Using Illustrator (CS4) Is there a way to find out how long a circular path is?
I have a circle that i wish to apply a dash effect to, but i want to be able to create a specific number of dashes along that line. Its to simulate etching marks on a compass or viewscope.
If i could find out how to determine the length of the curved path, then working out the dash sizes is a piece of cake...i hope!
Video Editor/Audio Mixer/ Compositor/Motion GFX/Barista
Character Options Ltd
Circumference is the "length" of the outside of the circle. To find out how long that line is do this simple equation
Circumference = 3.14*Diameter
So, to find the Circum. of the circle, find out the Diameter of the circle (from one side to the other). To do that;
1. Make the circle.
2. Click and hold on the "Eye dropper tool" to find the "measuring tool" inside the same group.
3. Measure straight accross the circle at its farthest points.
4. Plug that measurement into your equasion as your *Diameter* (e.g. C = 3.14*2.05 : C = 6.437)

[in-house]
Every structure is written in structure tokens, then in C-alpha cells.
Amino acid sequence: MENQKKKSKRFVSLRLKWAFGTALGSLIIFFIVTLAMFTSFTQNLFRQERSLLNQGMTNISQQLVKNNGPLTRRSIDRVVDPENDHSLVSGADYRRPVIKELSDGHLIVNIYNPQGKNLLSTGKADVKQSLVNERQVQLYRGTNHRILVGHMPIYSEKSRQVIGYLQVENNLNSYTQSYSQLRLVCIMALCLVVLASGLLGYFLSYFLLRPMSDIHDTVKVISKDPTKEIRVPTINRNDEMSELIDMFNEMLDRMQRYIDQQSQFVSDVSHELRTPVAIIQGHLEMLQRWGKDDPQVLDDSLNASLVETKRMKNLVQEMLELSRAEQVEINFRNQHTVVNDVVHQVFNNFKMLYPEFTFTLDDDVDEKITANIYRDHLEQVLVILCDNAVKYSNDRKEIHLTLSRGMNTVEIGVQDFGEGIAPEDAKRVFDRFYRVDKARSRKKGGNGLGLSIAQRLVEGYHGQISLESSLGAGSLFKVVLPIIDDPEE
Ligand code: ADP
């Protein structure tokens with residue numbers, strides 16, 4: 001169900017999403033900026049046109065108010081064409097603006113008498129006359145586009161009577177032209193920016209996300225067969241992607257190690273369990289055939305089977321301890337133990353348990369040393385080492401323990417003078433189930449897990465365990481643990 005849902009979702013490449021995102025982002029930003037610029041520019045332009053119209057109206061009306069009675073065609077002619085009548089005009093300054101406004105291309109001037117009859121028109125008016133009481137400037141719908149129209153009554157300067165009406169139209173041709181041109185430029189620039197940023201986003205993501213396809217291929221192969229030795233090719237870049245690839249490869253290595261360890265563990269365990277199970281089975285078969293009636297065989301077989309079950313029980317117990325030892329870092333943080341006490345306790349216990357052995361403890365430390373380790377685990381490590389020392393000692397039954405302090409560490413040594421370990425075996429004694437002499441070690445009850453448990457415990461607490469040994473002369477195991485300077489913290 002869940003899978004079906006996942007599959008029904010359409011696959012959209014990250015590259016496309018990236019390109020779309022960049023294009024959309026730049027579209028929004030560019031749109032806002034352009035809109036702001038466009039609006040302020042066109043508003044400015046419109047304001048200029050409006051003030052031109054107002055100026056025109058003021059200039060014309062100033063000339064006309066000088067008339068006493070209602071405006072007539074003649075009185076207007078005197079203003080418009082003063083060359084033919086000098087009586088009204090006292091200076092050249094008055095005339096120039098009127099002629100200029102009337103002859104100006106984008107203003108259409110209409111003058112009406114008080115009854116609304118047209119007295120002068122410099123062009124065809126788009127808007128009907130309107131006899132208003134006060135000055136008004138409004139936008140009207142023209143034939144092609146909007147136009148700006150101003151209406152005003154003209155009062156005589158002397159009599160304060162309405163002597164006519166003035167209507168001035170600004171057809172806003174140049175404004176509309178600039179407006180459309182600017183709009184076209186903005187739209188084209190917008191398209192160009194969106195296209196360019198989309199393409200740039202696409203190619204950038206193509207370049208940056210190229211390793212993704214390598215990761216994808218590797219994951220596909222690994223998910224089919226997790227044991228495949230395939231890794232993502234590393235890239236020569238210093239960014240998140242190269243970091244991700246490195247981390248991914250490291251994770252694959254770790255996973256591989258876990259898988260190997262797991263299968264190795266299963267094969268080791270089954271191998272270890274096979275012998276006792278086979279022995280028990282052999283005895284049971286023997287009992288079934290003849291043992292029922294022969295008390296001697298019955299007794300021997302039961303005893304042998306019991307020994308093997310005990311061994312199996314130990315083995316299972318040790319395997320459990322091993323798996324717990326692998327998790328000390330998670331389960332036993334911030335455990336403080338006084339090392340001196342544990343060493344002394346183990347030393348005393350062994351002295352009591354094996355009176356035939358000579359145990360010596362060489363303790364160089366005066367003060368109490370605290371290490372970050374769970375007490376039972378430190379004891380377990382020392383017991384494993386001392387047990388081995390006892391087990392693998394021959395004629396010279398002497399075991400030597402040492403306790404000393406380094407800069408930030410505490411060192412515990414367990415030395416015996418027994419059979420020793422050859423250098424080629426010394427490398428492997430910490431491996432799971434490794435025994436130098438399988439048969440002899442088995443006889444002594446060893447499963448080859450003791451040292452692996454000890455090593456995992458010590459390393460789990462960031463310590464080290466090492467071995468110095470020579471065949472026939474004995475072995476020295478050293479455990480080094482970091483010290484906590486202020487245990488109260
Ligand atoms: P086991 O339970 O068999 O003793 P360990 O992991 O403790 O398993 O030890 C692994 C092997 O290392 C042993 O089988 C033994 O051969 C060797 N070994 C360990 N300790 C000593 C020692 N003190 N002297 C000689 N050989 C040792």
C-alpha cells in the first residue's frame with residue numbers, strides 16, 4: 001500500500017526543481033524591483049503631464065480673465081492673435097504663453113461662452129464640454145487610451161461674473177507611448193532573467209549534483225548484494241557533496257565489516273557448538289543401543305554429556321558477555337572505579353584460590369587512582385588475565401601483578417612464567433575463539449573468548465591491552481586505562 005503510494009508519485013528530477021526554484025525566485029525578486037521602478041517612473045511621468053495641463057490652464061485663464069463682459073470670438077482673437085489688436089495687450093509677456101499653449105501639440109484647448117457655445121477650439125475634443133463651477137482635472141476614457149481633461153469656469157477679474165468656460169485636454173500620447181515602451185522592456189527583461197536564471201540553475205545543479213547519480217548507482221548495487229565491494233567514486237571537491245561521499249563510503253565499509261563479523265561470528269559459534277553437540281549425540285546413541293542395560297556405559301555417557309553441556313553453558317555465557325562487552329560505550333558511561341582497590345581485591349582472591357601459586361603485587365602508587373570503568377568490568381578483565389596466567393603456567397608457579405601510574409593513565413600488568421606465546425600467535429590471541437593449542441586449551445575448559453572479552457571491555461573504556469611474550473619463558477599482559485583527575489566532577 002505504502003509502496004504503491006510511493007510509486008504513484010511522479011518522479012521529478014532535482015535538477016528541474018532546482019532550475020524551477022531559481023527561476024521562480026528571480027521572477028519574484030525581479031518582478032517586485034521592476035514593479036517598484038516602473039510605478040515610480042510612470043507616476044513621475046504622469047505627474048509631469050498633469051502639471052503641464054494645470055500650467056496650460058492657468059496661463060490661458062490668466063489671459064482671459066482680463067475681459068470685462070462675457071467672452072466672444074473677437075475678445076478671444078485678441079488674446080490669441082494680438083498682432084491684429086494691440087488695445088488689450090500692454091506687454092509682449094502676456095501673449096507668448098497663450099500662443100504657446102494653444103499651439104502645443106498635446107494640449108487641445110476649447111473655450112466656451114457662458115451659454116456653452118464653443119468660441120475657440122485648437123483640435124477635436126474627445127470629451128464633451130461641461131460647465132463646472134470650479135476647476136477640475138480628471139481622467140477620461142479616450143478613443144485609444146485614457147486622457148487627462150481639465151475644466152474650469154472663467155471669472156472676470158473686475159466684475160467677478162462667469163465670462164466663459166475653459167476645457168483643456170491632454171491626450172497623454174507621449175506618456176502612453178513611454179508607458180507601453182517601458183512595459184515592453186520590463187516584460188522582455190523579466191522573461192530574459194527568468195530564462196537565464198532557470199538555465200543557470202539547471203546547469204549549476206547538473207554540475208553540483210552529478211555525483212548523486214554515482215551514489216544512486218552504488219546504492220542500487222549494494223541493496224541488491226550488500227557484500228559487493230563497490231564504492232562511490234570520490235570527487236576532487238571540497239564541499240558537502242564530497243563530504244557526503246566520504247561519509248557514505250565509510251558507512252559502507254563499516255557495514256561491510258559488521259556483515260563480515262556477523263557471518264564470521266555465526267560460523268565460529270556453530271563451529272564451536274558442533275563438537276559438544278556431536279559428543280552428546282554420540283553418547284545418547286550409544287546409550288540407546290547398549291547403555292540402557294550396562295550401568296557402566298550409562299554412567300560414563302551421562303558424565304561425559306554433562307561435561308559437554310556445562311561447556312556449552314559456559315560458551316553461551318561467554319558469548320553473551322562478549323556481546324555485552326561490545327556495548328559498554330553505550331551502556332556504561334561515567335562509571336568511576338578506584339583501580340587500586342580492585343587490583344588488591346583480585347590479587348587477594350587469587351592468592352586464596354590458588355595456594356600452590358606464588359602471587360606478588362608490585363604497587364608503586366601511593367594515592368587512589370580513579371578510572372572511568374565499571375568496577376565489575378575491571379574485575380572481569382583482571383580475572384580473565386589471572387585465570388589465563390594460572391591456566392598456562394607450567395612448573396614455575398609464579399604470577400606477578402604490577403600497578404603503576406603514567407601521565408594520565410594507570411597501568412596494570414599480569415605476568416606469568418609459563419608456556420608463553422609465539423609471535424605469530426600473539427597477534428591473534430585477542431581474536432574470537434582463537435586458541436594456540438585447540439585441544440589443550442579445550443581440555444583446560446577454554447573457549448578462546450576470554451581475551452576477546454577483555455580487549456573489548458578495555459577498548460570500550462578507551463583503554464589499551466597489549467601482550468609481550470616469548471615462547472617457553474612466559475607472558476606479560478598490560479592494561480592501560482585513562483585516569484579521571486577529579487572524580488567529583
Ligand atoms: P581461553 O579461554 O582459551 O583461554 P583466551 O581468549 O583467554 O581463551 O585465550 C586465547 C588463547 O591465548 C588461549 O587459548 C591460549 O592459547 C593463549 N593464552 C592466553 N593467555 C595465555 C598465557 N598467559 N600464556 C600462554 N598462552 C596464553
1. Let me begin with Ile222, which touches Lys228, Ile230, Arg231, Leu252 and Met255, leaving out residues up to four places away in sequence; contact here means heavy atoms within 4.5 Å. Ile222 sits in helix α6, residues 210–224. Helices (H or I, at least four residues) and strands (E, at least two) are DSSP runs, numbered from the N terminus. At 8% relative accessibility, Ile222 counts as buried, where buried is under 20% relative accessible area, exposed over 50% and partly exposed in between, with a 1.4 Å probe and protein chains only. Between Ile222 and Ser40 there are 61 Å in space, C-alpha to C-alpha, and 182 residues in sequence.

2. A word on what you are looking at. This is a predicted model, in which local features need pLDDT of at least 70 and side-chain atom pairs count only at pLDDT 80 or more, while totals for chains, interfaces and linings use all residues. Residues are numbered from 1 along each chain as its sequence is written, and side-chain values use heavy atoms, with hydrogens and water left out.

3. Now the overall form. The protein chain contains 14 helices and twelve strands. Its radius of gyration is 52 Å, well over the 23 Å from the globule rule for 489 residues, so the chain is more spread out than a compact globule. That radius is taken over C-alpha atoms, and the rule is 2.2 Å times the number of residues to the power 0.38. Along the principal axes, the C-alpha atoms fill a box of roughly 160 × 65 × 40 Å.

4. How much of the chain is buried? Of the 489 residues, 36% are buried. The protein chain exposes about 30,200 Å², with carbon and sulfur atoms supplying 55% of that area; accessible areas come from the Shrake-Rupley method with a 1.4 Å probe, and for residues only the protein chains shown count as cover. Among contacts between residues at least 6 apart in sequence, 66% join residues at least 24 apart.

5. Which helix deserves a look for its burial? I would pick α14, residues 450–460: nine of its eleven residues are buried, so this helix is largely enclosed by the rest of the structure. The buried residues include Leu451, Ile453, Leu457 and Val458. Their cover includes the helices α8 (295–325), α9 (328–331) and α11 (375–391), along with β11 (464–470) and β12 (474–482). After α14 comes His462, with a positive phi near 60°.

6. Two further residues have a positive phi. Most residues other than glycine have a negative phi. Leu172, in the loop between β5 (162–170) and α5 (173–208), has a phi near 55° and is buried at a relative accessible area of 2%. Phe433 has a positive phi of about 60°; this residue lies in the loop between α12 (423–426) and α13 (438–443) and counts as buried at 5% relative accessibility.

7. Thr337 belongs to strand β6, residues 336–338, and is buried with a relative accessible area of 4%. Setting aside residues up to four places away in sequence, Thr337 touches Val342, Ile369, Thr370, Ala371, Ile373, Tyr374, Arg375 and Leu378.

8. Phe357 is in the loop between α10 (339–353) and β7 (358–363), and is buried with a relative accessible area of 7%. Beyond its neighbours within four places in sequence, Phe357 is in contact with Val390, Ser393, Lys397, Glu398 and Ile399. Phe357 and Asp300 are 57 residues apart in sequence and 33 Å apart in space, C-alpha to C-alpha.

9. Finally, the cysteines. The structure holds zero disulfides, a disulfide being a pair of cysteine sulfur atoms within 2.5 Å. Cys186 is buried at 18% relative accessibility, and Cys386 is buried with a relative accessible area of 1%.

5. Now take that measurement of C (or 6.437) and divide that by the number of lines you need to find out how many inches (or in this case, tenths of an inch) you need.
It's a little late I know but I have only just found this forum and my answer might be useful in future to someone who asks the same question. The easiest way to find the diameter od a circle (or the size of any other object) is to check the Transform palette. You can then do the sums if you like but much more accurate, and not involving any equations, is to use a script. Google aics_scripts_en and you'll find a suite of excellent scripts by Hiroyuki Sato. Not only is he pretty good at js but he is also a generous hearted soul and these routines are free to all. Amongst the fun stuff are several massively useful routines, my favourite is Round any corner which regularly saves me hours of work, but you will also find Divide which will answer the original question here. Alternatively you could simply use Circle which generates a circle with a specified number of anchors.